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Offline dthelmers

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Re: Using Kefir as Thermophilic Starter
« Reply #8 on: September 13, 2011, 05:23:41 PM »
Thanks for the advice. I'll stick to my old reliable cultures for the present.
Dave in CT

Offline cheeseymama

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Re: Using Kefir as Thermophilic Starter
« Reply #9 on: September 13, 2011, 06:08:00 PM »
I make kefir everyday, the grains (or gems as some call them) grow pretty fast, at least they do, when you change the milk they "eat" that often. By pretty fast, I mean a quart of grains turns into around four quarts by the end of a season for me. I've tried using freshly strained kefir for cheese starter and never had success, even soft cheese comes out way too sour for my taste. Never tried to isolate the thermo's from my kefir milk though, pretty novel and interesting idea. I'll have to try it. For those who would like to learn about getting a using  real kefir grains (instead of the manufactured powdered kefir) a good place to look is, Dom's kefir site the link follows:
 http://users.chariot.net.au/~dna/kefir-faq.html. There is also a very active yahoo group ...kefir_making, I believe it is called, which is a wonderful place to exchange info about kefir with other like minded people. Kefir is great stuff! ^-^
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Offline Boofer

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Re: Using Kefir as Thermophilic Starter
« Reply #10 on: September 13, 2011, 10:01:43 PM »
Thanks for the advice. I'll stick to my old reliable cultures for the present.
That was my decision too after making a kefir Gouda. I think there was too much going on in there.

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Offline Mix spanish cheese

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Re: Using Kefir as Thermophilic Starter
« Reply #11 on: November 09, 2011, 09:57:06 AM »
this thread help me , with my question of kefir , but open a new ways

to see how kefir can be for hard cheese too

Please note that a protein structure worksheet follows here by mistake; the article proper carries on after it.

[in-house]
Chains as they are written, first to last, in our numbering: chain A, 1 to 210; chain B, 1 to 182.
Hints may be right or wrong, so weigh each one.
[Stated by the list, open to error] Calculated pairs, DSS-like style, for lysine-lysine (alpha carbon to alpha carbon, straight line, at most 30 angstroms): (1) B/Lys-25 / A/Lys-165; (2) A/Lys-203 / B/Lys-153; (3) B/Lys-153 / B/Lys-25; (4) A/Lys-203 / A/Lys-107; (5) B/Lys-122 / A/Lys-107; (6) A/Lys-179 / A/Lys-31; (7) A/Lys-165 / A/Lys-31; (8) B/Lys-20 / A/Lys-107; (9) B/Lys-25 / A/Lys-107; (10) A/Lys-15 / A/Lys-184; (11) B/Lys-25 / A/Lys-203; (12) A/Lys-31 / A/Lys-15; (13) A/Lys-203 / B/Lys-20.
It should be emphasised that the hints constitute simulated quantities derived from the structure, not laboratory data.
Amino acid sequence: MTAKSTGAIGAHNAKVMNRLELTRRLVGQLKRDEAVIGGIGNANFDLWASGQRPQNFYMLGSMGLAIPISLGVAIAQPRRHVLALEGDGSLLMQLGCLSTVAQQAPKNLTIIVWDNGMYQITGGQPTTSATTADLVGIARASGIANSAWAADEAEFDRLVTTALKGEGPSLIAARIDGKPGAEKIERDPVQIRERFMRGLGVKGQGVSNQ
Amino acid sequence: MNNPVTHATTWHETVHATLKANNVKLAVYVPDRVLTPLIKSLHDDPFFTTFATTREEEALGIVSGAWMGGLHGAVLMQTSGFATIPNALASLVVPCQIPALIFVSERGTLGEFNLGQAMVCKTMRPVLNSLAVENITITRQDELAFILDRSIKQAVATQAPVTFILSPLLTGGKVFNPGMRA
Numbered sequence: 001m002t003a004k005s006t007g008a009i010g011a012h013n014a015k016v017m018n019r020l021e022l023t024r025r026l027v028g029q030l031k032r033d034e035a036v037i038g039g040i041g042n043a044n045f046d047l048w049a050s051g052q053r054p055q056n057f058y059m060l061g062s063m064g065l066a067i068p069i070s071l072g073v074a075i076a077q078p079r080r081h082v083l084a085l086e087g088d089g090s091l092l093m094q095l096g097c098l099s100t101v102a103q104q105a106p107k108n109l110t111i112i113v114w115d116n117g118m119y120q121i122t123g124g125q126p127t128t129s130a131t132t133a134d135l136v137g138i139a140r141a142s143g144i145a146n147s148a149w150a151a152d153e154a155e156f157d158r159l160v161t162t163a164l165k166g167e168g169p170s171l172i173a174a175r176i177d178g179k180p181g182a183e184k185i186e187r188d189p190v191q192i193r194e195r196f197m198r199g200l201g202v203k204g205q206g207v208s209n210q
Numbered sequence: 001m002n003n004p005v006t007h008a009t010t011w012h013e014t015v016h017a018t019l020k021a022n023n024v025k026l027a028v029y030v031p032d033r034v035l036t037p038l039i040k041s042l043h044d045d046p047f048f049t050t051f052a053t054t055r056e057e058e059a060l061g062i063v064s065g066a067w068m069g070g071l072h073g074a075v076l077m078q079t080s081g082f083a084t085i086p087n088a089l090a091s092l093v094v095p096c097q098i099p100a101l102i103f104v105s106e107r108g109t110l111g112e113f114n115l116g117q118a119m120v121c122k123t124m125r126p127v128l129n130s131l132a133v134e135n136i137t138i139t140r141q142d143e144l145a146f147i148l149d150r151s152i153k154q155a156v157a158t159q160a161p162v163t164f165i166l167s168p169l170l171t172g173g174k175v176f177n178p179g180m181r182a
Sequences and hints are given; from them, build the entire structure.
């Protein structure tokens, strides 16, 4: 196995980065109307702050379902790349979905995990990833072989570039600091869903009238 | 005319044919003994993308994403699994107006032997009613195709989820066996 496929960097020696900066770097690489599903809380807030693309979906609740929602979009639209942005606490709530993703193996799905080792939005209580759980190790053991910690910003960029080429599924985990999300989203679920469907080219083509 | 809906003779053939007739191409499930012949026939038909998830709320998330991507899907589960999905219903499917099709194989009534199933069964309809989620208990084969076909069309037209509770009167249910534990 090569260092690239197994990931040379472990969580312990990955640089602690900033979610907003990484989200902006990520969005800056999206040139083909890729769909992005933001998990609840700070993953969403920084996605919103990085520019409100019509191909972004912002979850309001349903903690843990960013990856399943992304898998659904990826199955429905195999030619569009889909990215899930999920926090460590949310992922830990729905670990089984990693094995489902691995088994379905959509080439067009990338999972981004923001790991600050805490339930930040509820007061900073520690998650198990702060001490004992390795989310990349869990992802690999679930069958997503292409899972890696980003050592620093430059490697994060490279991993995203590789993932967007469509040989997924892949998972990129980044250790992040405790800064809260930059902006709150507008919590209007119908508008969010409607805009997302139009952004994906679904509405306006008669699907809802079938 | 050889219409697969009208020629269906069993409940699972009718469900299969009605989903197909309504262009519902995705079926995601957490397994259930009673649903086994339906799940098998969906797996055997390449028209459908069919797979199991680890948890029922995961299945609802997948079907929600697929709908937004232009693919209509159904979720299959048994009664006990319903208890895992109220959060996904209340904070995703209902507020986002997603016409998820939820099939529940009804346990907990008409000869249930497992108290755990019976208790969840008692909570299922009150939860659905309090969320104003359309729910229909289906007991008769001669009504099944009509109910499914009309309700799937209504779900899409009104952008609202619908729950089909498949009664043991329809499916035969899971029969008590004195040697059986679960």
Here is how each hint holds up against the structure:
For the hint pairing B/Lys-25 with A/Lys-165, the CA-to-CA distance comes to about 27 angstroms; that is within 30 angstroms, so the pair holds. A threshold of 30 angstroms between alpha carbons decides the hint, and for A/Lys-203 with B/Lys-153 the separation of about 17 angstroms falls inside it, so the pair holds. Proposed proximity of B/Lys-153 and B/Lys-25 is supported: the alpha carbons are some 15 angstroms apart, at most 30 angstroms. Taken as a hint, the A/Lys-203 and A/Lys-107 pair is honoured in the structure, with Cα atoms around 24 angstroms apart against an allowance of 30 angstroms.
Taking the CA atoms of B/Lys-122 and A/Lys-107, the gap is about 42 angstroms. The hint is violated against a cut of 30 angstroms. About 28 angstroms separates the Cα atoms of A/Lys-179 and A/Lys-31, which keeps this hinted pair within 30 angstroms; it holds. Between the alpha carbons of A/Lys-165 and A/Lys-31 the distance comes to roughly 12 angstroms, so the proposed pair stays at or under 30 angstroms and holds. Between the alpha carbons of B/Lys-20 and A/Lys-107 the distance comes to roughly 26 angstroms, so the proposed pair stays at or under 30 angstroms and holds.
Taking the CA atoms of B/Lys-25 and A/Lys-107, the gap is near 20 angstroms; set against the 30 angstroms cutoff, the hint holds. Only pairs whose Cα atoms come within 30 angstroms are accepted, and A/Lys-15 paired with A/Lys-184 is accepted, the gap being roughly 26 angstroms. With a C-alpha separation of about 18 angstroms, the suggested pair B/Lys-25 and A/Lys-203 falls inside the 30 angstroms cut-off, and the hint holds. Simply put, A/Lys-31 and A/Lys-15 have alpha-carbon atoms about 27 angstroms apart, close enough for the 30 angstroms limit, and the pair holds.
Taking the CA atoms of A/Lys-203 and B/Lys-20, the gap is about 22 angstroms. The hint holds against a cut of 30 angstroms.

Offline Gürkan Yeniçeri

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Re: Using Kefir as Thermophilic Starter
« Reply #12 on: February 15, 2012, 04:29:15 PM »
OK, here are the results.

I drained some kefir and put it into my 1 litre yogurt maker. At 43 degrees celcius most mesophiles died off. I have done this at least 5 generations to strengthen the flora; inoculating the skimmed milk with previous batch of kefir yogurt. At the end, I filled into ice block trays and frozen.

First trial was with feta and mixed culture of Flora Danica and Kefir used. Results were too good. Fresh Jersey milk is used. The feta did have some irregular holes and taste was awesome. Acidity increased too fast, and actually if I use it for toasting, it melts and stretches but if you eat just straight from brine, it is creamy, and has a pleasant aroma. I am very happy with the results.

The second was haloumi and that one was also awesome. Fried nicely without loosing its shape. My wife gave the ranking of "best cheese I have ever made"  ^-^

I have used it in two other experiments (Comte and another hard washed rind type (improvised recipe) and will see the results in about 6 months.

Offline Boofer

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Re: Using Kefir as Thermophilic Starter
« Reply #13 on: February 16, 2012, 08:29:47 AM »
Kudos to you, Gürkan, for your success.

Have a cheese for your experimentation, inquisitiveness, and for sharing.  :)

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Offline Gürkan Yeniçeri

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Re: Using Kefir as Thermophilic Starter
« Reply #14 on: February 16, 2012, 04:03:21 PM »
Thanks Boofer  :)